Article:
AMN Reviews: San Francisco Tape Music Center – Music from the Tudorfest [New World Records 80762-2]

81QdpSvthxL._SX425_Over the course of six evenings in spring, 1964, the San Francisco studio of radio station KPFA was the site of an exciting presentation of experimental music and proto-performance art cosponsored by KPFA and the San Francisco Tape Music Center. Initiated by composer/musician Pauline Oliveros and curated by pianist David Tudor, the aptly titled Tudorfest featured new and recent work by John Cage, Oliveros, Toshi Ichiyanagi, Alvin Lucier and George Brecht. A selection of performances from those evenings has been brought together in this historically important three-CD set.

The Tape Music Center was the natural choice for undertaking an event like the Tudorfest. Established in 1961 as a studio and performance venue for Bay Area experimental composers and musicians, the center played a key role in fostering new music and intermedia and acted as a kind of bridge between the West Coast performing arts avant-garde and the nascent counterculture. The two groups shared a communal mentality manifesting itself in the spirit of spontaneous invention and an openness to the moment; the arrow of influence here may well have run in either direction. Thus the Tudorfest combined improvisation—embodied in Oliveros’ work for her accordion and Tudor’s newly adopted bandoneon, with vocal contributions from a sporadically gregarious mynah bird—with open form compositions by Cage and Ichiyanagi as well as conceptually-oriented work by Brecht and Lucier. (Because these latter were quasi-theatrical performance pieces relying on a visual element, they were not represented on the release.)

The Cage pieces included here were composed during a time when Cage was turning from chance-generated compositions to compositions employing indeterminacy as a structuring principle. Sometimes this entailed creating scores on transparencies that could be superimposed in varying combinations (Music Walk, Atlas Eclipticalis and Variations II); sometimes it meant scoring works as a series of pages to be chosen at the performer’s discretion (Concert for Piano and Orchestra); sometimes it involved allowing the performer to choose ways to prepare an instrument (34’46.776” for Two Pianos).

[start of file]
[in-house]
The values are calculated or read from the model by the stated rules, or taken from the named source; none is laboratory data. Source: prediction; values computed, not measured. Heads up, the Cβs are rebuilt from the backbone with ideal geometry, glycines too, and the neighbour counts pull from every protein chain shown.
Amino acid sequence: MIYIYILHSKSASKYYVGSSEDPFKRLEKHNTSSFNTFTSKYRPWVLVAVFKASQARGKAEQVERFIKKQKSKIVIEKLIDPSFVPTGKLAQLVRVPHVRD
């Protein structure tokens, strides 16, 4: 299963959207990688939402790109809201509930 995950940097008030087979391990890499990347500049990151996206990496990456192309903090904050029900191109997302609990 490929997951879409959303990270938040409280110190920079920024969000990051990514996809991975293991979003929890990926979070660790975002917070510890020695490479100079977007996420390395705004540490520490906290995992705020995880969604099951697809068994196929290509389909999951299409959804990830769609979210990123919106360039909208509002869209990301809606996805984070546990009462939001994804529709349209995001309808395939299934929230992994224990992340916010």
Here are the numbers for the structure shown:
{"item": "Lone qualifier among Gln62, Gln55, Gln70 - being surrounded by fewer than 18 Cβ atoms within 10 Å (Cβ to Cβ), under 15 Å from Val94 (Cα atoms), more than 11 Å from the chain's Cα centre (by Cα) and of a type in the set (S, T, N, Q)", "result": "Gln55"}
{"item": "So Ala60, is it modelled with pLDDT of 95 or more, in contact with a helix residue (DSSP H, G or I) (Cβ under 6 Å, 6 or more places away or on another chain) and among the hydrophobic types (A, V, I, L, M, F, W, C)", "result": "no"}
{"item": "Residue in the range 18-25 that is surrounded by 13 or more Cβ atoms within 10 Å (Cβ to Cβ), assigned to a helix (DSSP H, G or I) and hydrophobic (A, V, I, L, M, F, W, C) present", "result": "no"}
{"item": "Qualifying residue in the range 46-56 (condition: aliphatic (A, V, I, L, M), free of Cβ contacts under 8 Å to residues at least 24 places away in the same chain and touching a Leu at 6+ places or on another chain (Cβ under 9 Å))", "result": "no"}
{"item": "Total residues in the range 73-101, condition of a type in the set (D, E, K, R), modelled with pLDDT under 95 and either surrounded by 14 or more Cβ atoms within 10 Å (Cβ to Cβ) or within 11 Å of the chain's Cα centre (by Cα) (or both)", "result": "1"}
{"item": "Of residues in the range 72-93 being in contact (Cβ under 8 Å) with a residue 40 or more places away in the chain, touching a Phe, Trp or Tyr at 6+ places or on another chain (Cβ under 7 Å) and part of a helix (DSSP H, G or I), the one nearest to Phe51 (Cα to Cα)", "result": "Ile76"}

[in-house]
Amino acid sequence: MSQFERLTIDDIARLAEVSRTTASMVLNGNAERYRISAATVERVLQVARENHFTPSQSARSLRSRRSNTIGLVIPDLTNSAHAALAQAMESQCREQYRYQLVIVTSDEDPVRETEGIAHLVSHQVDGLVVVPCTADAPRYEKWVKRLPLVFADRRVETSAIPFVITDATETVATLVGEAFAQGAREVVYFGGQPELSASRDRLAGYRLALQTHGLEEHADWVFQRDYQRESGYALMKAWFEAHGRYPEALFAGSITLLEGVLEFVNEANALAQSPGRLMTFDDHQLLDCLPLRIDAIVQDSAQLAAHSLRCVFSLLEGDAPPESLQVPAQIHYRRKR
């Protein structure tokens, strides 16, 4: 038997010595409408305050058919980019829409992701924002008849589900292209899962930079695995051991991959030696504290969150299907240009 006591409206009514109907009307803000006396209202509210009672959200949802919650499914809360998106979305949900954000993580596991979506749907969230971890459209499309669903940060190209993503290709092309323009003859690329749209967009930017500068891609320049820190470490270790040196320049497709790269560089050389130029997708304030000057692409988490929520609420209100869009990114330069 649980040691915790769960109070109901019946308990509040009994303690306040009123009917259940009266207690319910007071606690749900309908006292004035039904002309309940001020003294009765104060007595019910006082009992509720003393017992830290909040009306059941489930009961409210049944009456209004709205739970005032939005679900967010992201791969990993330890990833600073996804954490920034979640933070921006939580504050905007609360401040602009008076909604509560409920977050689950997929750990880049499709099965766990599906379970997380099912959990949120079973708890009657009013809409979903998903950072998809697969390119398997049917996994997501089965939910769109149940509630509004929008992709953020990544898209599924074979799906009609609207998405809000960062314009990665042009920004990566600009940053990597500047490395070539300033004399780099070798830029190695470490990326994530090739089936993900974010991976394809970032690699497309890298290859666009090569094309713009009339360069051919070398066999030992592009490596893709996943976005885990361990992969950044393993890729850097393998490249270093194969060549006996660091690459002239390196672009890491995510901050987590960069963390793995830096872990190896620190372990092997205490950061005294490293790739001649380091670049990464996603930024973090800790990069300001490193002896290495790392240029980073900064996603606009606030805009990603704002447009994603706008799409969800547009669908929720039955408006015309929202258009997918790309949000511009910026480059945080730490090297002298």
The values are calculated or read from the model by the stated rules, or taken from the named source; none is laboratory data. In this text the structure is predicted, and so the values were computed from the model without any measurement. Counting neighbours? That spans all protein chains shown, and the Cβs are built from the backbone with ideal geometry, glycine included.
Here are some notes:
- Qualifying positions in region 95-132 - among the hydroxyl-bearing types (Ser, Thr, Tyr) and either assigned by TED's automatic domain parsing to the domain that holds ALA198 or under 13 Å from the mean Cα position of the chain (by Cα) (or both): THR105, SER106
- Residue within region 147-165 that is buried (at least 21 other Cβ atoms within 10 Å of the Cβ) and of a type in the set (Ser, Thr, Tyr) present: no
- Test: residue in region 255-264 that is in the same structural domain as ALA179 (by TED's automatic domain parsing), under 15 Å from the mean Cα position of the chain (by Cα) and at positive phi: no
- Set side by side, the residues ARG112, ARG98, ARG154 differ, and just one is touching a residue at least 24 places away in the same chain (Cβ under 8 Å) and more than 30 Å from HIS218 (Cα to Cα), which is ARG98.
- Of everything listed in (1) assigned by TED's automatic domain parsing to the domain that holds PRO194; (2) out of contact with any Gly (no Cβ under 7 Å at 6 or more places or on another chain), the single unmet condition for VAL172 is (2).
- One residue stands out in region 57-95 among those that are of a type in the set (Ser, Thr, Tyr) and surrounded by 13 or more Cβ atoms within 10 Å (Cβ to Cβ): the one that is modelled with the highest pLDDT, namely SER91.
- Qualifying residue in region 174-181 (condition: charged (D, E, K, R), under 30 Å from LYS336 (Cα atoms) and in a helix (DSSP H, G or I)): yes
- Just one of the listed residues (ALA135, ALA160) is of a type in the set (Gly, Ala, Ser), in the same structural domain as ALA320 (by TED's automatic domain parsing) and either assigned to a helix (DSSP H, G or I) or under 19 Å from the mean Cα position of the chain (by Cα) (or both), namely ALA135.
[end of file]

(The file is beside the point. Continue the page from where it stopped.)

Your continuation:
Perhaps the most notorious of these indeterminate works—notorious because of its legendary mishandling by Leonard Bernstein and the New York Philharmonic just weeks before its realization at the Tudorfest—was Atlas Eclipticalis, performed at the Tudorfest in tandem with an electronic version of Winter Music by a sixteen piece ensemble notable for including Tudor on piano, Stuart Dempster on trombone, Oliveros on tuba, Loren Rush on double bass, Morton Subotnick on clarinet, and future Mother of Invention Ian Underwood on flute and piccolo. The need for the performers to realize the work as a kind of collaboration with the composer is encoded in the orchestration; Atlas Eclipticalis (1961-1962), like the Concert for Piano and Orchestra (1957-1958), calls for each member of the ensemble to function as a soloist with a separate part. The resulting sound is a kaleidoscopic constellation of notes and noises entering and exiting individually, sometimes sounding alone and sometimes overlapping. The less conventionally scored chance work Music Walk (1957) for piano, radios and other sound makers, and Variations II (1961), for any kind of sound maker, share with Atlas an audio profile made up of discontinuous sound events spread out or clustered into an unpredictable overall texture.